It’s goodbye maiden aunt, hello royalty for the world’s most under rated tipple
Part of sherry’s new popularity has been its appearance in Downton Abbey and this has been reinforced by recent pictures in the Daily Mail showing the Duchess of Cambridge enjoying a glass of Harveys Bristol Cream sherry in the Officer’s Mess on a trip to Aldershot.
Harveys is a name synonymous with sherry in the UK, it dates back to 1822 when the young John Harvey joined a Bristol wine merchant. Over the years John strengthened his ties with Spain and started to import and blend sherries. One of his most successful fusions was Bristol Cream.
The word sherry derives from the anglicised version of Jerez, this town and the surrounding area in Spain is the only place that sherry can be produced. The vineyards in the region mainly grow the Palomino grape, from which nearly all sherries are made, the balance is produced from the Pedro Ximenez grape which is ideal for dessert wines.
Sherry is a very versatile drink and its many variants are suitable for pairing with a range of foods and for drinking at social occasions. Lightest of all the sherries is the Fino, this has a crisp, refreshing character with aromas of fruit and almonds. Drink it with sushi, smoked salmon, Serrano ham, cheese and salted nuts.
Fino is also the basis of a Rebujito cocktail – sherry with ice, a slice of lemon and a soft drink. Mix the sherry with either soda water, 7Up or Sprite, it’s your choice, pour over ice in a Collins glass and add a slice of orange. This is the updated version of the popular Victorian drink, the Sherry Cobbler.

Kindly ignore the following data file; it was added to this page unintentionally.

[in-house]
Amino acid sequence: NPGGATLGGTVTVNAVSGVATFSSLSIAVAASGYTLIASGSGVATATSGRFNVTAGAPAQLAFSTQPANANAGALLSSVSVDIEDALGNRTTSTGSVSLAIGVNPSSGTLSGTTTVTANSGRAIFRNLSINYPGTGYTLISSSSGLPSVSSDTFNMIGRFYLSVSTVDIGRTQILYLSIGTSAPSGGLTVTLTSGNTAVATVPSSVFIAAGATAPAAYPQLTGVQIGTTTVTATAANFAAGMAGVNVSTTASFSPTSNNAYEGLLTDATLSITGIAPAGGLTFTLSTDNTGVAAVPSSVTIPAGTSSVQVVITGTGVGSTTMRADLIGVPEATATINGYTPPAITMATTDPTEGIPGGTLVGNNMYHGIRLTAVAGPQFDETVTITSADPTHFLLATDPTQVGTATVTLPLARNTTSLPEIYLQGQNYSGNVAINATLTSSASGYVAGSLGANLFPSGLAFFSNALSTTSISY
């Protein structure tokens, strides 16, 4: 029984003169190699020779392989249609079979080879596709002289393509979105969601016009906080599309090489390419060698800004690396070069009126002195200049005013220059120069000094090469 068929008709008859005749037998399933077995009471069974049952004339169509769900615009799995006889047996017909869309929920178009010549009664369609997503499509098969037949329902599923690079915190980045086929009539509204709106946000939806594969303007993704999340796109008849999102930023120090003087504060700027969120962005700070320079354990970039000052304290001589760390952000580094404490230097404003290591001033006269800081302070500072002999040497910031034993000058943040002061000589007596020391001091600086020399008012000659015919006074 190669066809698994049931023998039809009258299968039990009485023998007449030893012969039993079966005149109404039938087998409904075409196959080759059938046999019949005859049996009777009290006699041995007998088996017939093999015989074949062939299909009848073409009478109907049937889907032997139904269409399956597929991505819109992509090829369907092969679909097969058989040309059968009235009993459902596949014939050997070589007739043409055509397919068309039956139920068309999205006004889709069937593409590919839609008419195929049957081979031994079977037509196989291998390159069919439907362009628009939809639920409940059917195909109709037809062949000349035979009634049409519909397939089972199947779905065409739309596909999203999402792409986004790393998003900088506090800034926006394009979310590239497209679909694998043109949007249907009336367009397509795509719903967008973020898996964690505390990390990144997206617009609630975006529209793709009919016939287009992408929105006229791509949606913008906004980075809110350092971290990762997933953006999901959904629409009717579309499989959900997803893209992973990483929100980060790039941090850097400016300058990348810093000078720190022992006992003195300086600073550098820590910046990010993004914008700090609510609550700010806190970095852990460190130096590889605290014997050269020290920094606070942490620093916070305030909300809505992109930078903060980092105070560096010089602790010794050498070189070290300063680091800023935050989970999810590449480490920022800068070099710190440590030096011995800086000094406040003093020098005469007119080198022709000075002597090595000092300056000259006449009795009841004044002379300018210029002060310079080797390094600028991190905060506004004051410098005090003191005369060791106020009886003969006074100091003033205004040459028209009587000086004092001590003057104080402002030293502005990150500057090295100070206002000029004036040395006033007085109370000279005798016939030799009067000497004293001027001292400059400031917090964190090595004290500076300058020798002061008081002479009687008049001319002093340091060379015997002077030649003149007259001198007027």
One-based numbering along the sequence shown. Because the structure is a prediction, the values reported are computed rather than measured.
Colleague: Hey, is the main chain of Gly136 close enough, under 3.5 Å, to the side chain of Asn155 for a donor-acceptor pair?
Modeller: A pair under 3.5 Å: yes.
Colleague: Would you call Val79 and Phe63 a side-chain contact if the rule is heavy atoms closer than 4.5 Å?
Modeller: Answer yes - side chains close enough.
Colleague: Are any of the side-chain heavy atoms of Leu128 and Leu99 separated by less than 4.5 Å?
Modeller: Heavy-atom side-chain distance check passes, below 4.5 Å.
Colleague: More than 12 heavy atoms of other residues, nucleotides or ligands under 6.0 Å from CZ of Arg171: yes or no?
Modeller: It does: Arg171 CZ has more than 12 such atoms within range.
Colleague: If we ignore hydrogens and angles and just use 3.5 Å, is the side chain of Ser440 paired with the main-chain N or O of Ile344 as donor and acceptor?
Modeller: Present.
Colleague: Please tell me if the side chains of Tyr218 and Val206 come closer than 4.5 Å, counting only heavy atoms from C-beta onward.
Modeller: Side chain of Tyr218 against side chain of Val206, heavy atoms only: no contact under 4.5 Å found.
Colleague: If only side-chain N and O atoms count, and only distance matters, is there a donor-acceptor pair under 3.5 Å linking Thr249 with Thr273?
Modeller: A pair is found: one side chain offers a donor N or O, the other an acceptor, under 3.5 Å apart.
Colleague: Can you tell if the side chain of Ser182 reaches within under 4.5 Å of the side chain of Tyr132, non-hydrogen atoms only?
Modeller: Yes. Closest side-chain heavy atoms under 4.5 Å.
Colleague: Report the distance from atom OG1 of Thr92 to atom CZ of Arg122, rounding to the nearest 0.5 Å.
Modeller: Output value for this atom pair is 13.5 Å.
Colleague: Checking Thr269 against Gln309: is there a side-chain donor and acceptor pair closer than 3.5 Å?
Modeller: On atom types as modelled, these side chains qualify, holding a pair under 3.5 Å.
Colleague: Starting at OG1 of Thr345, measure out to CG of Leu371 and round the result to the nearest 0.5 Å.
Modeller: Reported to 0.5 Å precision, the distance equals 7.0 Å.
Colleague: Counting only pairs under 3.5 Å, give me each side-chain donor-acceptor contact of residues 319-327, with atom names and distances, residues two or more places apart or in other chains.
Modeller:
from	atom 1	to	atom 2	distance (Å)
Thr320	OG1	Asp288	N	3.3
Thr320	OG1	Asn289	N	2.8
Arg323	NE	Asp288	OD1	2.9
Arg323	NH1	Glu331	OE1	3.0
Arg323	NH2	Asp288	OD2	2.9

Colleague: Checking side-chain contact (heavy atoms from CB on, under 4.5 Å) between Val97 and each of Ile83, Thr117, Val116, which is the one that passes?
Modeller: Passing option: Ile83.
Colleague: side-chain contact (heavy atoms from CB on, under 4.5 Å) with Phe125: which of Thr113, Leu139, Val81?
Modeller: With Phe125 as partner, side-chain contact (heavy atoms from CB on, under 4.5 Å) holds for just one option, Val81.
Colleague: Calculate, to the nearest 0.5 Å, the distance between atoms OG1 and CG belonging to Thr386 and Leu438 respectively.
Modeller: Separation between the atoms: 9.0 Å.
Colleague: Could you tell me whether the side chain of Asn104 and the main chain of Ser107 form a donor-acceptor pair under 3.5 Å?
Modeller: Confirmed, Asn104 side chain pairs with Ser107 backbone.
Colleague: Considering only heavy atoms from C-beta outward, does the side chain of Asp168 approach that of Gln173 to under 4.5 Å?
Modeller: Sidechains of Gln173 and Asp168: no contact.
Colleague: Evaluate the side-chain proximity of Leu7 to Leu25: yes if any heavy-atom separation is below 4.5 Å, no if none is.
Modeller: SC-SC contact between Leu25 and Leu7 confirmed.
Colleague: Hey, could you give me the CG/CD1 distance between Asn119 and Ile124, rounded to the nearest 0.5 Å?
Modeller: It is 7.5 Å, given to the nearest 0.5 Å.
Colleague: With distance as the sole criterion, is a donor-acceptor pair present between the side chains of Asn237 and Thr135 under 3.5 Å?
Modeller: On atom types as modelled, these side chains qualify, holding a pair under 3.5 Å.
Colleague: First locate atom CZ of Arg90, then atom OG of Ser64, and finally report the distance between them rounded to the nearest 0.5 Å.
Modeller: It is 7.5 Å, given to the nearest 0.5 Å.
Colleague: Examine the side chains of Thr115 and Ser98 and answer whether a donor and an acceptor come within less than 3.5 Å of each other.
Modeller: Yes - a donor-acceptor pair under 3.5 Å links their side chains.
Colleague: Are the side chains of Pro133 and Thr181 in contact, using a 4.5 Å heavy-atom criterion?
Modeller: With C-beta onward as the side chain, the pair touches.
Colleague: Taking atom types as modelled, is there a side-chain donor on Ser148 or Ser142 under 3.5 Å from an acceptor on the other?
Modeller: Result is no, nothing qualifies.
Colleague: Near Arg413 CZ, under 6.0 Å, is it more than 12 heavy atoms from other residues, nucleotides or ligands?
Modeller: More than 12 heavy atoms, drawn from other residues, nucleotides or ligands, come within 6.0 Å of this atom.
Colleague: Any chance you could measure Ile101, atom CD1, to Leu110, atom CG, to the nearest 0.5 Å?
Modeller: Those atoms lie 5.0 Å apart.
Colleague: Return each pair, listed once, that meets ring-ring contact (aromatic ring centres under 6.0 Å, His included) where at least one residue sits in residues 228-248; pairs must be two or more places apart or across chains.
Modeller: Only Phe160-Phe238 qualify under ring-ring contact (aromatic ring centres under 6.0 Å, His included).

Next in terms of intensity is the Pale Cream, Harveys produce a good example of it. Drink it chilled as an aperitif and enjoy its clean and honeyed taste. This sherry can also be paired with salads and marinated or smoked fish.
After Pale Cream comes the Amontillado, this is a smooth elegant drink with woody and nutty notes. This goes well with ham, chorizo, spicy dishes and curries.
You then get to the Bristol Cream, one sip and it is easy to see why it has kept its popularity for 150 years. This sherry is a deep golden colour with aromas of candied orange, dried fruit and toasted almonds. Serve it neat or on the rocks with a slice of orange.
Harveys also do a range of Very Old Rare Sherries (VORS). These have been aged for more than 30 years using the Solera system. The Solera system blends sherry from different years in a cascade so that many vintages are mixed. The Harveys Soleras were founded more than 100 years ago so you will get a drop of extremely old sherry in your bottle.
One of the most notable VORS is the Pedro Ximenez (PX). This is a rich, luscious, sweet dessert wine made from dried PX grapes. It has an immensely complex taste with flavours of raisins, liquorice, black treacle and dried figs. Pair it with chocolate cake or sticky toffee pudding or, for a real treat, drizzle it over vanilla ice cream.
So there is a lot more to sherry than your maiden aunt ever imagined, from the sophisticated to the downright decadent, it really is a drink for all occasions and food pairings
Harveys sherries are widely available from good supermarkets, off licences and wine merchants. For more information visit www.harveyshalfhour.co.uk